Mapping 2 tables to single entity in Entity Framework

c# code-first ef-code-first entity-framework fluent-interface

Question

Hopefully you can assist me.

Bill and BillItem are two tables I have in the database. These tables are set up in the database with a one-to-one relationship, with the primary table being bill and the dependent table being BillItem.

The Bill table's format:

Int BillId (PK)
Int BillTypeId Not Null
Varchar(5) Usr Not Null
DateTime Tm Not Null

The design of the table BillItem:

Int BillItemId (PK)
Int ItemId Not Null 
Varchar(5) Usr Not Null
DateTime Tm Not Null

Using the Fluent API and Entity Framework 4.1 Code First approach, I would like to map these two tables into a single POCO class.

Additionally, I want to change the table's column names to reflect certain POCO Class features (i.e. Id instead of BillId, User instead of Usr)

Because it is an old database, I am unable to change any of its objects.

How can that be done?

Thank to everybody.

If possible, the generated class should be:

public int Id {get;set;}
public int BillTypeId {get;set;}
public int ItemId {get;set;}
public string User {get;set;}
public string User1 {get;set;}
public DateTime Tm {get;set;}
public DateTime Tm1 {get;set;}
1
4
3/4/2013 2:14:15 PM

Popular Answer

You have two options for this question, and it is extremely simple to answer. The initial step is to use entity framework to map the classes (Entity Framework's mapping of several tables to a single entity class).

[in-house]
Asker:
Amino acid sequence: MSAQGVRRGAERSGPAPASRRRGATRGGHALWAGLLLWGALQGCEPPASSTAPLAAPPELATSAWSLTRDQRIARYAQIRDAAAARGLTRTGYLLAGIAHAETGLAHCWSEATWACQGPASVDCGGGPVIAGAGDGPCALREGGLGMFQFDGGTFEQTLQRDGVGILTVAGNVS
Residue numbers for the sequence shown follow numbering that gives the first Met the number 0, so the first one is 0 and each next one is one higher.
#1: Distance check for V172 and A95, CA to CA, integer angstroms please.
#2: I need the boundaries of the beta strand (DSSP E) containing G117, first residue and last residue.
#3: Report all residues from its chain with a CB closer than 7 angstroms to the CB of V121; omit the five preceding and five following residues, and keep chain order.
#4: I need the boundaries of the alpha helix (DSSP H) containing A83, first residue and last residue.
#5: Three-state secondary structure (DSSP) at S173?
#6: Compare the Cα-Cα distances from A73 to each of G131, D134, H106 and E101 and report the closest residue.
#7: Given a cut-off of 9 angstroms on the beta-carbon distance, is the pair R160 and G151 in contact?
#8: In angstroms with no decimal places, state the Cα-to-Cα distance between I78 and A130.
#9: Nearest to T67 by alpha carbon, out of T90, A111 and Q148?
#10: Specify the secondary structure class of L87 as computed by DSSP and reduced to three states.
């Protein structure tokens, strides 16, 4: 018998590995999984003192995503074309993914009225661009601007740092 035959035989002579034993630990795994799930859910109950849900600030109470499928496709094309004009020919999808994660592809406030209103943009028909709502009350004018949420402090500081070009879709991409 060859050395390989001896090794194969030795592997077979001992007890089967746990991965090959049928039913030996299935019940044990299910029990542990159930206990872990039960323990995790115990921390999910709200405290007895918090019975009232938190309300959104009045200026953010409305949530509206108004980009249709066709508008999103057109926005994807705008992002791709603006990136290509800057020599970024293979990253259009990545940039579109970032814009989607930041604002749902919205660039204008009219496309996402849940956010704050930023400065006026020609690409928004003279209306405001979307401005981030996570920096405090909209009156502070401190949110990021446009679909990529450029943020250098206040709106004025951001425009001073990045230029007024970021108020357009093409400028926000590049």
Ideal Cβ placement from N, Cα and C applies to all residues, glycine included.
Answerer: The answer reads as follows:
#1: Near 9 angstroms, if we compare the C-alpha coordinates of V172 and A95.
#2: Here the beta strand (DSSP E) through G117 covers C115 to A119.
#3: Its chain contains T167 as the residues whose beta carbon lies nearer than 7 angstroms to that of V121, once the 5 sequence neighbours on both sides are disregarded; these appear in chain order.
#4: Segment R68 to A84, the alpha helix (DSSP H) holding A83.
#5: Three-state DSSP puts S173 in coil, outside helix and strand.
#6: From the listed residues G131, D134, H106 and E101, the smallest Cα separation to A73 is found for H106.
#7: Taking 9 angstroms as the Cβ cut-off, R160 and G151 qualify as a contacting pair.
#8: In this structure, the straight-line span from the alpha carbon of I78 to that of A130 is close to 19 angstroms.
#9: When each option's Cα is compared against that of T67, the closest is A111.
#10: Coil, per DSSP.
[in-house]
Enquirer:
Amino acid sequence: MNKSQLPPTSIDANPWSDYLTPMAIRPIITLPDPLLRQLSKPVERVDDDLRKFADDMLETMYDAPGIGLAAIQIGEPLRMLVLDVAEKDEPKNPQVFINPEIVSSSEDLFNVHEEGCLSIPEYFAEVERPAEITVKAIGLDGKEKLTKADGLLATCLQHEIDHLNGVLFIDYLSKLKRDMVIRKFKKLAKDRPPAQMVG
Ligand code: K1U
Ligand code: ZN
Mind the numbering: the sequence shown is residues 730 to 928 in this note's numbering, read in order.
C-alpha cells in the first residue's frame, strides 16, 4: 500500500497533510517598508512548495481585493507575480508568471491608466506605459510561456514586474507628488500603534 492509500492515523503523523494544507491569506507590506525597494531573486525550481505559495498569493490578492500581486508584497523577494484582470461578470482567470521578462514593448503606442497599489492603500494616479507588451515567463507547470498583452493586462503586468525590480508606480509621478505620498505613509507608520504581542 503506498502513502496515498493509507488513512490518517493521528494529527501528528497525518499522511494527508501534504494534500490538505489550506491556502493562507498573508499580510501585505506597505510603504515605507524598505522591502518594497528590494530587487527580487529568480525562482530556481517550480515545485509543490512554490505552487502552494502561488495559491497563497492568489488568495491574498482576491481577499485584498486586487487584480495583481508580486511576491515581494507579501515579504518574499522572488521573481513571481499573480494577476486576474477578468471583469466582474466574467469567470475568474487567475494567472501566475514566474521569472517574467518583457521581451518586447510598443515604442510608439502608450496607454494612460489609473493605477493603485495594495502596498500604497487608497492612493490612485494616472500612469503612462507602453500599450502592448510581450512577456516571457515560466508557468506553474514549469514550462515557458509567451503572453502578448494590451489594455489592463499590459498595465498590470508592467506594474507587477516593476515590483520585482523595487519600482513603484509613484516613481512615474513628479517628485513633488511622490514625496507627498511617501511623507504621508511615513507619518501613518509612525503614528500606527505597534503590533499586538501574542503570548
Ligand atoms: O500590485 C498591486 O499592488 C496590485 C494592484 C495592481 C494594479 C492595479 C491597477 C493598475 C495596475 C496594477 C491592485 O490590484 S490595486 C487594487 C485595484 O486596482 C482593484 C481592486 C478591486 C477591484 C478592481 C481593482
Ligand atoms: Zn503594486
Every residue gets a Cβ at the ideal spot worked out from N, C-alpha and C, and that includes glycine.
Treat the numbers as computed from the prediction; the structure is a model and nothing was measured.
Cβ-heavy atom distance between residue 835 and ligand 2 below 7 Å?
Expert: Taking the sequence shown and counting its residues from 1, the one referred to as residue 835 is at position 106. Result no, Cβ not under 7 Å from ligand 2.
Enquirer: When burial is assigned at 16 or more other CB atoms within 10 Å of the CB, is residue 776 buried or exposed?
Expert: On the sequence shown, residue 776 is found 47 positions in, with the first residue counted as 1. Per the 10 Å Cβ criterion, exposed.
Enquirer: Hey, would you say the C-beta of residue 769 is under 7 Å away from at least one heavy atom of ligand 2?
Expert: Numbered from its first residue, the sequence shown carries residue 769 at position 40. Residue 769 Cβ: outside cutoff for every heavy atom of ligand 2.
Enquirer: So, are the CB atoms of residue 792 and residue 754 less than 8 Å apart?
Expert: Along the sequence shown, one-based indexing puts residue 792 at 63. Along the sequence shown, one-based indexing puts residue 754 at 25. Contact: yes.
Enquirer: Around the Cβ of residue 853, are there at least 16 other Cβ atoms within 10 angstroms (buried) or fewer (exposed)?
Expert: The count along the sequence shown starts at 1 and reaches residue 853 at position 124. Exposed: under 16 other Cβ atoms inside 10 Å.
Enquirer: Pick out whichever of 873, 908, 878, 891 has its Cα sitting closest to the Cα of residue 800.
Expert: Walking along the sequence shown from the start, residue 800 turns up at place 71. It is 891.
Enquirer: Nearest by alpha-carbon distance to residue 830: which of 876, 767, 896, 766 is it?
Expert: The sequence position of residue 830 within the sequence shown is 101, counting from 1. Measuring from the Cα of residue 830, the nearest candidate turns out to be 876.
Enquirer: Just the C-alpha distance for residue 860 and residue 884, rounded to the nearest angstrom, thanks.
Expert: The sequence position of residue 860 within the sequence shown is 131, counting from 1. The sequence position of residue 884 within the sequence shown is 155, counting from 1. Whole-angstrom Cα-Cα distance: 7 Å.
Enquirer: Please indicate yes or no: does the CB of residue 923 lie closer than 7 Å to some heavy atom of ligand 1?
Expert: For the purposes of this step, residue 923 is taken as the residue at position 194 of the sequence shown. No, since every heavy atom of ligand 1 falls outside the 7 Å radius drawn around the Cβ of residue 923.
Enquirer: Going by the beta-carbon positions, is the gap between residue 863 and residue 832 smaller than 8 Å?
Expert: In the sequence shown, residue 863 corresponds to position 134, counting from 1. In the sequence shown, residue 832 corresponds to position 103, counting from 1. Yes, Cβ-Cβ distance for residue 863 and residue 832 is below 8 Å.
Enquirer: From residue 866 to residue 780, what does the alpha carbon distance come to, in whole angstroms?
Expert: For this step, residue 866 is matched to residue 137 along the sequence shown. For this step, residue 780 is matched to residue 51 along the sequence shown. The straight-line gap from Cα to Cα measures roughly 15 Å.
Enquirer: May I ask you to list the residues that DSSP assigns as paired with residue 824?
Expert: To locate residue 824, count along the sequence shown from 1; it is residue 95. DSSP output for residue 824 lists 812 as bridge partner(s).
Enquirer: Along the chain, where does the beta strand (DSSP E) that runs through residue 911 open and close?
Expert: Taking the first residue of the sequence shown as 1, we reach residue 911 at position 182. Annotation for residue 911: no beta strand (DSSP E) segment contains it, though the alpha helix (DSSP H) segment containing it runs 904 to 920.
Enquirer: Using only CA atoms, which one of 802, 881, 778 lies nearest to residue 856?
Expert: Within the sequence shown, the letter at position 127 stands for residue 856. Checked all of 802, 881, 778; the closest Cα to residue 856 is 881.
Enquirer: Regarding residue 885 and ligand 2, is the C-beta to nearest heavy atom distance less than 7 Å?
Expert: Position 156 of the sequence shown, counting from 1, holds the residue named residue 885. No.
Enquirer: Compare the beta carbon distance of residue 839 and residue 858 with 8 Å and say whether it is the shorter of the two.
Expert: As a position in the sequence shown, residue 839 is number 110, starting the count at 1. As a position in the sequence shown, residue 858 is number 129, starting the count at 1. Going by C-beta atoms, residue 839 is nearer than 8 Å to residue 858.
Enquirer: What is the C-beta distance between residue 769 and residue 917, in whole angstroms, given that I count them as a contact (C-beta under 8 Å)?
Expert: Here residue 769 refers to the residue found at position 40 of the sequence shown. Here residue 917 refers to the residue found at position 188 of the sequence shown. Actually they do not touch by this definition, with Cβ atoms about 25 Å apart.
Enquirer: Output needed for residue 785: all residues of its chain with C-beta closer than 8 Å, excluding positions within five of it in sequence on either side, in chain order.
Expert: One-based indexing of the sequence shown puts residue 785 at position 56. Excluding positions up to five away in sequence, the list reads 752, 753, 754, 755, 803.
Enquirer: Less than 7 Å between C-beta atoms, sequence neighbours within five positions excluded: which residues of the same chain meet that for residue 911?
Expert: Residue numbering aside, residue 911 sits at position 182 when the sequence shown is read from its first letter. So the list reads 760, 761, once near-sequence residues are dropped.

The second choice is to carry it out by hand: The constraint that the two tables must adhere to is that one must be the strong table and the other must be the weak one (by doing this, you should have 1 by one only from the strong table to the weak) Otherwise, this won't work since you'll end up with a collection of things and have to decide whether the initial object is the only one you require.

Use your own logic to map the POCO objects if you wish to take a somewhat quicker method. Create two classes that correspond with the database table, then construct the object from a service object.

This strategy is advantageous since the final LINQ query will not employ INNER JOINS, making it faster. But you should keep the joint on your side.

Example

int i=0;
// this 2 refer to the 2 different mapped tables in your context database
var pbdata = _pbdata.GetSingle(p=>p.StrongTableID == StrongTableID);
var pb = _pb.GetSingle(p=>p.WeakTableID == pbdata.WeakTableID);
// you can see that i am looking for the StrongTableID in order to select the entity value

// this is optional but usefull! you can do the
// "copy" inside a function where in future if the 
// object changes, you can update easily
ObjectComposite.Map(body, ref pb, ref pbdata);

// the following proccess needs to be done like this...
// first save the value in the weak object so 
// the WeakTableID is recorded
// UPDATE: maybe these 2 should go into a transact for more security... but... ok...
Save(pb);
i += this.unitOfWork.Save();
pbdata.ProfessionalBodyID = pb.ProfessionalBodyID;

// once the values for the second objects are set, save it all again.
Save(pbdata);
i += this.unitOfWork.Save();
return i > 0 ? true : false;

Although it is quicker, you must exercise total self-control. The advantage is that you can map as many tables as you'd like here.

Hope it's useful!

0
5/23/2017 12:23:44 PM


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